Katie James has a degree in Environmental Science from the University of Greenwich and is currently a PhD student at NRI. Between school and university, she did “a bit of everything” until realising that the natural sciences were “actually a thing”, and could be the gateway to a fulfilling career. Katie took five minutes out of her day to sit down with NRI Communications Officer Linden Kemkaran to chat about how it all began, and her determination to give something back.
"I finished formal education and took a slightly unconventional route; I went from school to A-levels to BTEC, then I took five years out to work. I did a bit of everything – I ran a gym, worked in the entertainment industry organising parties and functions, worked in a care home and in a pharmacy but none of it felt rewarding.
I came to an open day at the University of Greenwich Medway campus as I’d always had a passion for natural sciences and ecology. I mistakenly thought it was something you had to be born into; I didn’t know it was open to anyone. Growing up I watched documentaries on zoos and animals and it always seemed to be a family venture, for example Steve Irwin and his wife, and then his children taking over. I didn’t know there were opportunities for ordinary people like me.
If you’d told me at school that I would one day be paid to do research with pollinators, I would have thought you were mad. I never knew that this whole world of research and study existed. I came to the open day and talked to Dr Peter Burt, a Principal Scientist in NRI’s Agriculture, Health and Environment Department, and it was like a lightbulb moment. I sat down with him for 10 minutes and I knew exactly what I needed to do with my life; I was finally in the right place at the right time and this would be my career.
At school, science was presented as chemistry, biology or physics. The only reason I became aware of ecology was thanks to a science teacher who talked about natural selection, but even then, it was presented as something that had already happened in the past, not as a possible future career option. I feel that schools would benefit hugely from NRI people going in to talk to the pupils about careers and study options.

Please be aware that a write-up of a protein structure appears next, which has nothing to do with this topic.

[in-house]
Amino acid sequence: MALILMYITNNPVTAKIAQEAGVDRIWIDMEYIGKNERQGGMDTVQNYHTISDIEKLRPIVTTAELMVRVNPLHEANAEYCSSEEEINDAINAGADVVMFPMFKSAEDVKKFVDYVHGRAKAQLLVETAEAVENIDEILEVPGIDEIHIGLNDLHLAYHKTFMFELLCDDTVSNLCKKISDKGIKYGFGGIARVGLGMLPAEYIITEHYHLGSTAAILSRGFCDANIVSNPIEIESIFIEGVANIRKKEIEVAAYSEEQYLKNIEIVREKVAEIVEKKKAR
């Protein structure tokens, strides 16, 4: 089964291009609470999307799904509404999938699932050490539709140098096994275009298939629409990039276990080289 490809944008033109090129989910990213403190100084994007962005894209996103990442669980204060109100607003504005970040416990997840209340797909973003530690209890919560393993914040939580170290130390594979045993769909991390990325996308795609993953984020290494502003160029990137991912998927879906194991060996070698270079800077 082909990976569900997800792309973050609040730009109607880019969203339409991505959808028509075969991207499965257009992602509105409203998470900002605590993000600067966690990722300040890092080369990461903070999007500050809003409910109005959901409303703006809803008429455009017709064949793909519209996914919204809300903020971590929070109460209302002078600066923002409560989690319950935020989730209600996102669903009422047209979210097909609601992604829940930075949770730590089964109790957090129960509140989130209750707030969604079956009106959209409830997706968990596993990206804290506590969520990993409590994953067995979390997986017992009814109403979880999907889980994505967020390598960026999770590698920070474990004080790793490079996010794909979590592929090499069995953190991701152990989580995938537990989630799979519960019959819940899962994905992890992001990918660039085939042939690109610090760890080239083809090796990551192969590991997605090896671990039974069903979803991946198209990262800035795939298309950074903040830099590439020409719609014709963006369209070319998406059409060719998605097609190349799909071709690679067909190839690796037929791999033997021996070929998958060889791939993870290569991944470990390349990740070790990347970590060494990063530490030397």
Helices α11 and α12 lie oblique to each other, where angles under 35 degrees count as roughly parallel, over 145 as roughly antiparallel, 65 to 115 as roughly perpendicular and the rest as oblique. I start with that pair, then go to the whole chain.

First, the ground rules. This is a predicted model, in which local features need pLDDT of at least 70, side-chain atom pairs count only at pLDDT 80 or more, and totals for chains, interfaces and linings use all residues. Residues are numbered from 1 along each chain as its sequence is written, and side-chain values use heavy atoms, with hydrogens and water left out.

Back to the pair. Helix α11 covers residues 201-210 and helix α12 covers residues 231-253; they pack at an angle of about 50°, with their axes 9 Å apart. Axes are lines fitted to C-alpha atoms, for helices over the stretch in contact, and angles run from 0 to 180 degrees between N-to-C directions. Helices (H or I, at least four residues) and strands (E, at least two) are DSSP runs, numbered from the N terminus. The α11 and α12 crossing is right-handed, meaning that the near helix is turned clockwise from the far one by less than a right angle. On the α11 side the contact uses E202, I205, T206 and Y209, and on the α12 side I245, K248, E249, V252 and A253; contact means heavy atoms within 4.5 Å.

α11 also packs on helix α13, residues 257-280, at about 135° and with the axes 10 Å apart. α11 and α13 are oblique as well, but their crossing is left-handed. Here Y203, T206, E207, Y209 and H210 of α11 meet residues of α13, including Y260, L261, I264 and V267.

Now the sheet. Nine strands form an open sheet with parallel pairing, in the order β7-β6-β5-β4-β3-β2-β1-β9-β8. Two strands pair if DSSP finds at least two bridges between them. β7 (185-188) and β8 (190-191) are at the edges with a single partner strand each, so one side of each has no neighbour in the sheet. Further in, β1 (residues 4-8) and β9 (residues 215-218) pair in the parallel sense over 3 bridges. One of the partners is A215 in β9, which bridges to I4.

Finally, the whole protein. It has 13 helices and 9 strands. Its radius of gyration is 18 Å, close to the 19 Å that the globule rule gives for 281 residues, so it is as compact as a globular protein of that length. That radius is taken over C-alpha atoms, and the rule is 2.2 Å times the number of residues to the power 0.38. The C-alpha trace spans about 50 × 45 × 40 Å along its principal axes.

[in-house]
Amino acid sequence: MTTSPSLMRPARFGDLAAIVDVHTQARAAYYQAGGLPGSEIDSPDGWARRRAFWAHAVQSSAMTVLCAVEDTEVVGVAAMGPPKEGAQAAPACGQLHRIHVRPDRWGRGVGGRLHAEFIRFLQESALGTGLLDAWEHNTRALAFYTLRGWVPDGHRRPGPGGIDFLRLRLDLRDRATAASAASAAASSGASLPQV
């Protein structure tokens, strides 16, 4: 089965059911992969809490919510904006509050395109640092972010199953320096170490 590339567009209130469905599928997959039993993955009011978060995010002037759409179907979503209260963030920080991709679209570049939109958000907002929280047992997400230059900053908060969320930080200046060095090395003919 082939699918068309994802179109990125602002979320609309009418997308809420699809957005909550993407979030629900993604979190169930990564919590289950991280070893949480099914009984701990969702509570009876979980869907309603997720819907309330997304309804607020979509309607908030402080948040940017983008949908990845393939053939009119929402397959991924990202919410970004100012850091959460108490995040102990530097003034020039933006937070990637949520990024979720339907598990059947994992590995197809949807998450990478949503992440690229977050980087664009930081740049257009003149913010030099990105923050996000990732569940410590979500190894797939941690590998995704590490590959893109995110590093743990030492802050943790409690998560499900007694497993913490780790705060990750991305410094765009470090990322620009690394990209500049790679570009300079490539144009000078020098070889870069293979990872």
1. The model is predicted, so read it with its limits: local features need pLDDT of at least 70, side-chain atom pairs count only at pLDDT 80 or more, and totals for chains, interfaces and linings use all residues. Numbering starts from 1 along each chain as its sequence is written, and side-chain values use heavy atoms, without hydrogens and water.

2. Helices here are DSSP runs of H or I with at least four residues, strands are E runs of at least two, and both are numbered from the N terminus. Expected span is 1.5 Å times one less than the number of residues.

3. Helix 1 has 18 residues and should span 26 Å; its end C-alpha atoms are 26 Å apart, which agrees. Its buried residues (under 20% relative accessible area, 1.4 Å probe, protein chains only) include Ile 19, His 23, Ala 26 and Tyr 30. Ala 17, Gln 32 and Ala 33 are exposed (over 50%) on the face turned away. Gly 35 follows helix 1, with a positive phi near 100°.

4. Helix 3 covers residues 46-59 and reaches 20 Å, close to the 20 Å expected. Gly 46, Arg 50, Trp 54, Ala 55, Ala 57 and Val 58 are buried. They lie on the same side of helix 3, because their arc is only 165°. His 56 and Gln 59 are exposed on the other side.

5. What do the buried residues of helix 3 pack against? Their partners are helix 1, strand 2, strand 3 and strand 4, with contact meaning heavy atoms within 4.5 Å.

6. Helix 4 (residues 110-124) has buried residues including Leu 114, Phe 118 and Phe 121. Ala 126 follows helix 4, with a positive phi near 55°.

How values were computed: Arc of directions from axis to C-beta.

For the past few years I worked at the British Ecological Society summer school with A-Level students from inner-city schools, most of whom had never left London. We took them to Wales on an ‘insect ID walk’ and they saw a deer walk right past – they simply couldn’t believe their eyes! They just threw themselves into the great outdoors and I loved their enthusiasm.
I recognise myself in a lot of kids from modest backgrounds who assume they can’t afford to study or pursue a career in natural sciences. If there was more information available about student financing, how it’s paid, how to manage a budget, how to find somewhere to live etc, it would become more accessible. The ESU (Educational Support Unit) at this University goes out into schools and they do fun exercises where they give them a budget, tell them how much everything costs and they make a game out of it.
I loved every single minute of my environmental science degree – I wouldn’t change a thing – the interconnectivity between the topics gave me a much greater understanding of the whole subject. Take climate change and ecology for example, we came at it from an historic perspective going back through different eras and all the modules overlapped which made perfect sense.
But the real stars here at NRI and FES (Faculty of Engineering and Science) are the lecturers: all of them, especially Peter Burt, Sarah Arnold and Andrew Haggart are brilliant, and they absolutely love what they do. I was given the freedom and tools to investigate what I found most interesting and that’s what steered me towards my future research here. I have Sarah Arnold to thank for opening my eyes to the possibilities. It was during a field trip to the Lake District and Sarah was so excited, diving into bushes, finding insects and telling us all these facts, her enthusiasm was infectious. That got me into pollinators and agriculture and the whole issue of food security.
After graduating last year, I applied for a few PhDs, and then the opportunity came up to work on specialist pollinators within food security, increasing fruit yield and navigating problems, here and in Africa. It was a perfect fit and I got a research grant through NRI’s FaNSI – Food and Nutrition Security Initiative. I knew that here, working with Sarah, I couldn’t ask for a better support network to develop my career.
Ultimately, I would like to do a post-doc abroad, working more on behavioural entomology and its relationship with crop production in Africa; eventually I’d like to lecture, ideally back here at NRI. I want to give something back. I’ve been awarded a great privilege being taught by such fantastic people and having a career that I feel passionate about, something I thought I’d never achieve. I’d like to help others do the same."
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